“As we reflect on this anniversary, it’s important that we recommit to preserving the Antiquities Act and honoring its importance in protecting, recognizing and celebrating the diverse cultures and contributions from all Americans. For many Latino and other diverse urban communities in California, the use of the Antiquities Act to create national monuments such as the San Gabriel Mountains, Mojave Trails, Sand to Snow National, and Joshua Tree has provided not only protections for public land and waters, but also greater access to much-needed open space and recreation opportunities.
“While the number of national monuments focusing on the history, culture and lives of diverse communities still falls short of truly representing our nation’s cultural heritage, Presidents yielding their authority to create national monuments under the Antiquities Act have done more than Congress to protect diverse sites. This is especially true over the past 25 years, which has led to the establishment and protection of national monuments like Cesar Chavez, Bears Ears, Camp Nelson Heritage, and Rio Grande Del Norte.
“In fact, many of our country’s best-loved places would not be preserved if not for the immediate action afforded presidents through the Antiquities Act. Seventeen presidents -- nine Republicans and eight Democrats – have used this authority to create more than 130 national monuments -- including the inspiring Grand Canyon, the iconic Statue of Liberty and many other of our nation's most spectacular and historically important public lands.”
Moises Moreno from Whitewater, CA, admiring the beauty of the Sand to Snow National Monument.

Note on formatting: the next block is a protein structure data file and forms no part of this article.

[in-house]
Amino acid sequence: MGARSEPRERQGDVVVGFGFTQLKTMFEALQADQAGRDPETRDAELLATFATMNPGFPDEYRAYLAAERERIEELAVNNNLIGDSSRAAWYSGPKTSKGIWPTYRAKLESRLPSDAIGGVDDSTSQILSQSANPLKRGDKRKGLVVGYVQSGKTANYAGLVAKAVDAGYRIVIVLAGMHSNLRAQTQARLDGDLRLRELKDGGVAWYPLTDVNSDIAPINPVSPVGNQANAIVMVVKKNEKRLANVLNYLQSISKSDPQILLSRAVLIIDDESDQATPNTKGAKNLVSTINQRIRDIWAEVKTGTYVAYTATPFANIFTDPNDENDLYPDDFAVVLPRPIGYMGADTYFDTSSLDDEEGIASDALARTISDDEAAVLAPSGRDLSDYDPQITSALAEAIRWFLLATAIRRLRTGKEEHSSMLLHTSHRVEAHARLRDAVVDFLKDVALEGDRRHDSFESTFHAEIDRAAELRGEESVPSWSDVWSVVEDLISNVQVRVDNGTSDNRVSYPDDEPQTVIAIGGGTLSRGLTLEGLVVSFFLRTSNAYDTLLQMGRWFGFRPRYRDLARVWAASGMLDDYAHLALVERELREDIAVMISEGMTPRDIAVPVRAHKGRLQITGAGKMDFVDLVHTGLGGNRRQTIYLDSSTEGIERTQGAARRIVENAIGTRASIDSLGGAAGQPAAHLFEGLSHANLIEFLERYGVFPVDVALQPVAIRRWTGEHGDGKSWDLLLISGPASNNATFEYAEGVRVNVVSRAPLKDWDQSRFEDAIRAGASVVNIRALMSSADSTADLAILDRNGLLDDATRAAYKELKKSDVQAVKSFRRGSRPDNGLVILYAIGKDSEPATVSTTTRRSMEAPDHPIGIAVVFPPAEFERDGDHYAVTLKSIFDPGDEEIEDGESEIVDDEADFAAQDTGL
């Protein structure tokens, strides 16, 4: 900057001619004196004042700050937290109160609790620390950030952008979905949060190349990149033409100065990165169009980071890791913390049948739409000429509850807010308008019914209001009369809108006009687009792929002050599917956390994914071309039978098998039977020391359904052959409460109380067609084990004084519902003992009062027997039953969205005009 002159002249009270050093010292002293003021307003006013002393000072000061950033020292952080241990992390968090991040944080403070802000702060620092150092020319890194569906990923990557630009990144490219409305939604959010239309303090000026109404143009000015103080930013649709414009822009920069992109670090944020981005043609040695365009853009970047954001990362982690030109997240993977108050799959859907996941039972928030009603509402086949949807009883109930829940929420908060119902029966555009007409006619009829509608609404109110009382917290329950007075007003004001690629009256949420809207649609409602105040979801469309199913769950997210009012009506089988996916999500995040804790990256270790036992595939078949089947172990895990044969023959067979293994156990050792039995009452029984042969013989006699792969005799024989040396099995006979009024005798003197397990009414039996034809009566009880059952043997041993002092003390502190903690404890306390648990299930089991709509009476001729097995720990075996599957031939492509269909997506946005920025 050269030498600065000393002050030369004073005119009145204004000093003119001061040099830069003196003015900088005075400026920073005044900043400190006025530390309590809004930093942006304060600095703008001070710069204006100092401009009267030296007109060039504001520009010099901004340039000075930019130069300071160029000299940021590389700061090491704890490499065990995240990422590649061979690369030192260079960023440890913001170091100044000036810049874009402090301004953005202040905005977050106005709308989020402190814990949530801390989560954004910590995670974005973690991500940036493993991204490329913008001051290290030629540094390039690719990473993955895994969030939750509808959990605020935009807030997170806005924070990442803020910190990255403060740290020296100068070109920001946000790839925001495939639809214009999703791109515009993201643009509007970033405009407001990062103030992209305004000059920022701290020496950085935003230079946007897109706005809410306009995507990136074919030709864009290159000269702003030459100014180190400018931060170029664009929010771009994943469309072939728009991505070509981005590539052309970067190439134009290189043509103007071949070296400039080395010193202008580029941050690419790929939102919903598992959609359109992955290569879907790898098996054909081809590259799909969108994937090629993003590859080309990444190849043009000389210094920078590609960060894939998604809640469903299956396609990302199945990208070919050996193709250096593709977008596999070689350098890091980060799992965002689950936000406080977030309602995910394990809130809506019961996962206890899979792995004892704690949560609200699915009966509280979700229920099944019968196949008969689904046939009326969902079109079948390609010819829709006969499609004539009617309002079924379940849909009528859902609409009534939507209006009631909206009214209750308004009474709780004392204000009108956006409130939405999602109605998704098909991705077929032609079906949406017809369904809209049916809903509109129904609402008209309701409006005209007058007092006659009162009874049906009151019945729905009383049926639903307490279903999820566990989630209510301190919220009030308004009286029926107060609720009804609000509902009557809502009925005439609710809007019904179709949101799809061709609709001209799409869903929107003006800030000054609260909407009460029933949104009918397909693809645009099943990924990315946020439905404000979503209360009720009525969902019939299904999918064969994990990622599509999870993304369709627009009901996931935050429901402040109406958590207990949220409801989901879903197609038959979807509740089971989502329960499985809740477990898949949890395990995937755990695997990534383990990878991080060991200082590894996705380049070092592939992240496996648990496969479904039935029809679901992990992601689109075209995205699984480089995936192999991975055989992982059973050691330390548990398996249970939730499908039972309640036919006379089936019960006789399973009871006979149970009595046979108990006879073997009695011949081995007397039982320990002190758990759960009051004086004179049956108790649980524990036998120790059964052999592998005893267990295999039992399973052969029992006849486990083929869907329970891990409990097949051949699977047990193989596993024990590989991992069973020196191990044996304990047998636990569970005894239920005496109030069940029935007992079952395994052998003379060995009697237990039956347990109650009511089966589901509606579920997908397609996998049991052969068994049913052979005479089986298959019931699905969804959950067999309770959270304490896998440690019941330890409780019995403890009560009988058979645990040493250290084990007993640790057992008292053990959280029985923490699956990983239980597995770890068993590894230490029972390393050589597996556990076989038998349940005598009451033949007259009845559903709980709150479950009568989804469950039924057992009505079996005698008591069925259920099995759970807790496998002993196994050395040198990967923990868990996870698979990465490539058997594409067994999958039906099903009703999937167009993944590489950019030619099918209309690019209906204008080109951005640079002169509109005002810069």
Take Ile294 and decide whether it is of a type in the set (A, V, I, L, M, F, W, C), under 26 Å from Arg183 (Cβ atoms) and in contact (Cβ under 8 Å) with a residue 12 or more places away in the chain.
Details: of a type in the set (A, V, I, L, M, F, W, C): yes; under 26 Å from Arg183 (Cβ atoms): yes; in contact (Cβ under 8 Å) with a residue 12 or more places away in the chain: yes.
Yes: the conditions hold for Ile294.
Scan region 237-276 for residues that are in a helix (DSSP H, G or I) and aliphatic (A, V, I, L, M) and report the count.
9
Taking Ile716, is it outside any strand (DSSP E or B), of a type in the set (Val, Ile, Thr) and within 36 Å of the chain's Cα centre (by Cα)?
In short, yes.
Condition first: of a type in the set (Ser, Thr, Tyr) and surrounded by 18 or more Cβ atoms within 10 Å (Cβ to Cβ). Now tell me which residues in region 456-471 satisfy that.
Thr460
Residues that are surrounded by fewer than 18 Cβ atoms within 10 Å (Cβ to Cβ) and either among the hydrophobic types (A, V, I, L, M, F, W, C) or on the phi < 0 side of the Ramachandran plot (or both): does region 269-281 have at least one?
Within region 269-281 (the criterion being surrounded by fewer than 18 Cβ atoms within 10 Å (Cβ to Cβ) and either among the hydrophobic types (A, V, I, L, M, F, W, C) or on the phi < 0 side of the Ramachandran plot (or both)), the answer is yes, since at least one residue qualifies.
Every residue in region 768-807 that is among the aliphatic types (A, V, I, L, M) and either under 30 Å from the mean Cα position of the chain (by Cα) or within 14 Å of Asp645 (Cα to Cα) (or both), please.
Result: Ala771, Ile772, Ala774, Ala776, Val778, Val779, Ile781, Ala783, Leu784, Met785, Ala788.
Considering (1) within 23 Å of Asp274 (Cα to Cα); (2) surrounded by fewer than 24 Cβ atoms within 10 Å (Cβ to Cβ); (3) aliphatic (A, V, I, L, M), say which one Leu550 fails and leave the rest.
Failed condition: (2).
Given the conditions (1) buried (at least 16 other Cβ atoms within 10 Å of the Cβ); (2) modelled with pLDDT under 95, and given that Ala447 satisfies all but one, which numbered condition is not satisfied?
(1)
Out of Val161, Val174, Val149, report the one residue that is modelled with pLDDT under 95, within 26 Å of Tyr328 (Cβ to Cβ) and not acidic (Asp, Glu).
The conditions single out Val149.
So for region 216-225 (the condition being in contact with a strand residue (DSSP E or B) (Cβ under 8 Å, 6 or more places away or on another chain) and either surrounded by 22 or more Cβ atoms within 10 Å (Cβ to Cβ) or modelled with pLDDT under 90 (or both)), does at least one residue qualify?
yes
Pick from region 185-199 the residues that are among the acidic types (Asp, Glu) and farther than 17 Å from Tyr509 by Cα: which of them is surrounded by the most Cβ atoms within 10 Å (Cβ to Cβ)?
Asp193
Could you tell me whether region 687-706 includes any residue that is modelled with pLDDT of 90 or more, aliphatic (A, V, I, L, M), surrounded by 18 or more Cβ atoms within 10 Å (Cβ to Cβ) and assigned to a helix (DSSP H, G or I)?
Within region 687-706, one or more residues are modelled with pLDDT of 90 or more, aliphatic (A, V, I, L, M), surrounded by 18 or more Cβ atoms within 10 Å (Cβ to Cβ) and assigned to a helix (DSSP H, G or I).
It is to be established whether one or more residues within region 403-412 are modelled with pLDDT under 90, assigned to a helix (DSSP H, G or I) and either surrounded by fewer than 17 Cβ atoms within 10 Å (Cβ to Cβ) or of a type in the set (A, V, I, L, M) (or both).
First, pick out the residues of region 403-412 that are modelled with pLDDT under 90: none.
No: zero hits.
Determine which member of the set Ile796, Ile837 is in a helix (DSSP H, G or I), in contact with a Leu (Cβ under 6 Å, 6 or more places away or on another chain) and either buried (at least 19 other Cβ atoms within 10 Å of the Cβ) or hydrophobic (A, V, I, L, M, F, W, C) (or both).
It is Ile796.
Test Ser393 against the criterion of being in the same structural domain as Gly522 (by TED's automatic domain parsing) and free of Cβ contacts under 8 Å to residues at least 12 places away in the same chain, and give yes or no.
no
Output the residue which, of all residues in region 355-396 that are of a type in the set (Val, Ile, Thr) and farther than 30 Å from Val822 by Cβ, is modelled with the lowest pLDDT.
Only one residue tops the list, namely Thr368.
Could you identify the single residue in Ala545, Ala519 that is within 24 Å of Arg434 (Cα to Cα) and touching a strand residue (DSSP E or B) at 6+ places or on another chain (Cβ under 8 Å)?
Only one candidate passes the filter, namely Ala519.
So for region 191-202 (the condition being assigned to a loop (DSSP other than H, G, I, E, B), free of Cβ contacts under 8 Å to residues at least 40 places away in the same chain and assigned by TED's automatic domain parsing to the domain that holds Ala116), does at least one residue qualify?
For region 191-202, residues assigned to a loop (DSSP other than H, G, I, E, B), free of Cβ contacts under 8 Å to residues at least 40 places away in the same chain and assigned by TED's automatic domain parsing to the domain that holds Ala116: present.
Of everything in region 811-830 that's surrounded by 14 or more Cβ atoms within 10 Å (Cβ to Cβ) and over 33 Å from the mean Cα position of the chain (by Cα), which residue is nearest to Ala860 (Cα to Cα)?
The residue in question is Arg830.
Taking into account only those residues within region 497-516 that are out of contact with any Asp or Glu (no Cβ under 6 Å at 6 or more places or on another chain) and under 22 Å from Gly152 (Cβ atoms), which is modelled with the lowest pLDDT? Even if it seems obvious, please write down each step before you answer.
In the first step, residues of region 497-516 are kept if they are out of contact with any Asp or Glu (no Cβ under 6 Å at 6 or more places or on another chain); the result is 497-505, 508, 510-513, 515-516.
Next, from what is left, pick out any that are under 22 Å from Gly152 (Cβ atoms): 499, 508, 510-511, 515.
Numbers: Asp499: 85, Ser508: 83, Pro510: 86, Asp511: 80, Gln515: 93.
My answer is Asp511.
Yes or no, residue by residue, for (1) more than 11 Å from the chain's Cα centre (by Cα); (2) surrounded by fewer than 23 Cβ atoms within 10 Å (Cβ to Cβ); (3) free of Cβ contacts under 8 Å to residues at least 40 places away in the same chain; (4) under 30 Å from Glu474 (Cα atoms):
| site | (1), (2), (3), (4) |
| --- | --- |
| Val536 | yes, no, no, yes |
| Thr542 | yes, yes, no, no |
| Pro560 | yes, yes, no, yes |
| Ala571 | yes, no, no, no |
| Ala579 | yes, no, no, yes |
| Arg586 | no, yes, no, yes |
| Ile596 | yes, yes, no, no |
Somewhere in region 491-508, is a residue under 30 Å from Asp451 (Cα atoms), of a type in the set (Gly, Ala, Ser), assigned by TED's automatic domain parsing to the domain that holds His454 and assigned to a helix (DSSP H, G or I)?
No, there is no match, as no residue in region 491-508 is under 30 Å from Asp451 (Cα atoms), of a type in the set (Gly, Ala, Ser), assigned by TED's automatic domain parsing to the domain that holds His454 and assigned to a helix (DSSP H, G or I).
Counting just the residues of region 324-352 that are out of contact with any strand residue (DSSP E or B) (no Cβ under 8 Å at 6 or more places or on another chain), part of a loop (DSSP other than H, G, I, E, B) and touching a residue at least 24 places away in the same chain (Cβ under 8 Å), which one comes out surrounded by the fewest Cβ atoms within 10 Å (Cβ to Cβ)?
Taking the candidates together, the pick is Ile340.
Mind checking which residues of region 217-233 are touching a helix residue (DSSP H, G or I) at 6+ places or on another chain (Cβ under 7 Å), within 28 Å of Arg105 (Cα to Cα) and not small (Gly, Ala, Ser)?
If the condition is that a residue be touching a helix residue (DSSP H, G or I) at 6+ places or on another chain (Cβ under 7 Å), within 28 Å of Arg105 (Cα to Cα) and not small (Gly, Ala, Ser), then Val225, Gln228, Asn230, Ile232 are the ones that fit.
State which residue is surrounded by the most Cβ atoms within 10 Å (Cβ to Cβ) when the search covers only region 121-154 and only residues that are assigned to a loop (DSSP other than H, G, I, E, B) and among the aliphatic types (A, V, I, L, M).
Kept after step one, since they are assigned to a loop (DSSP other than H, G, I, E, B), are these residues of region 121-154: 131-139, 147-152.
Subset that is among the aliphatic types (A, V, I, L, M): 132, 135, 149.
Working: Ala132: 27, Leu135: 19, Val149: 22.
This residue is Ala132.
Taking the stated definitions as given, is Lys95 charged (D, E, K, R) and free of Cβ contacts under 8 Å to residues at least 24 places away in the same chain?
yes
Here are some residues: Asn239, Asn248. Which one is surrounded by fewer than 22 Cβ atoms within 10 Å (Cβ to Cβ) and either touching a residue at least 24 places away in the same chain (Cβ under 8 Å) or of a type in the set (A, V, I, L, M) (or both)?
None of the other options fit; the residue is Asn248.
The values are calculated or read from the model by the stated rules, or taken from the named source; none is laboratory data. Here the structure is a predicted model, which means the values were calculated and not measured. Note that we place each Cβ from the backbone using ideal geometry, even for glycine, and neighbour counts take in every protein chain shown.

Allison Bailey, U.S. Army Veteran
"The Sand to Snow National Monument is the most ecologically diverse area in Southern California. The White Water Preserve, which is part of the Pacific Crest Trail and the gateway to the Monument, is one of a few places I can responsibly adventure with my dogs. The trails criss-cross the White Water River, and every once in a while, if you’re lucky enough, you can catch a view of Bighorn Sheep traversing the mountainsides. This area is a great place to recharge.”
Allison and her dog exploring Sand to Snow’s Pioneertown (left) and White Water Preserve (right).
Geary Hund, Executive Director, the Mojave Desert Land Trust
“In designating Mojave Trails National Monument in 2016, President Obama secured a vital linkage between Joshua Tree National Park and Mojave National Preserve. Creating the Monument ensured that bighorn sheep, desert tortoise, and many other species could continue to move between the national park units, preventing their potential isolation and decline due to the loss of genetic diversity. Creating the Monument also preserved sacred Native American resources and World War II training sites, ancient lava flows, rugged mountain ranges, and expansive sand dunes for the enjoyment of this and future generations.”
Mojave Trails National Monument.
Maricela Rosales, Ambassador, Latino Outdoors
“June 8th, 2021 marks the 115 year Antiquities Act Anniversary that authorizes future presidents to protect landmarks and preserve public lands as national monuments. Thanks to the Antiquities Act, National Monuments - like Sand to Snow and Mojave Trails National Monument - have remained vital to protecting natural, cultural, and historic landscapes, and honoring the history and contributions of Latino/x communities. The Antiquities Act is an important conservation tool and has the potential to center equity in how we protect public lands, how we recognize and amplify the stories of communities of color, and how we bring diverse communities to their public lands.”
The entrance to Sand to Snow National Monument.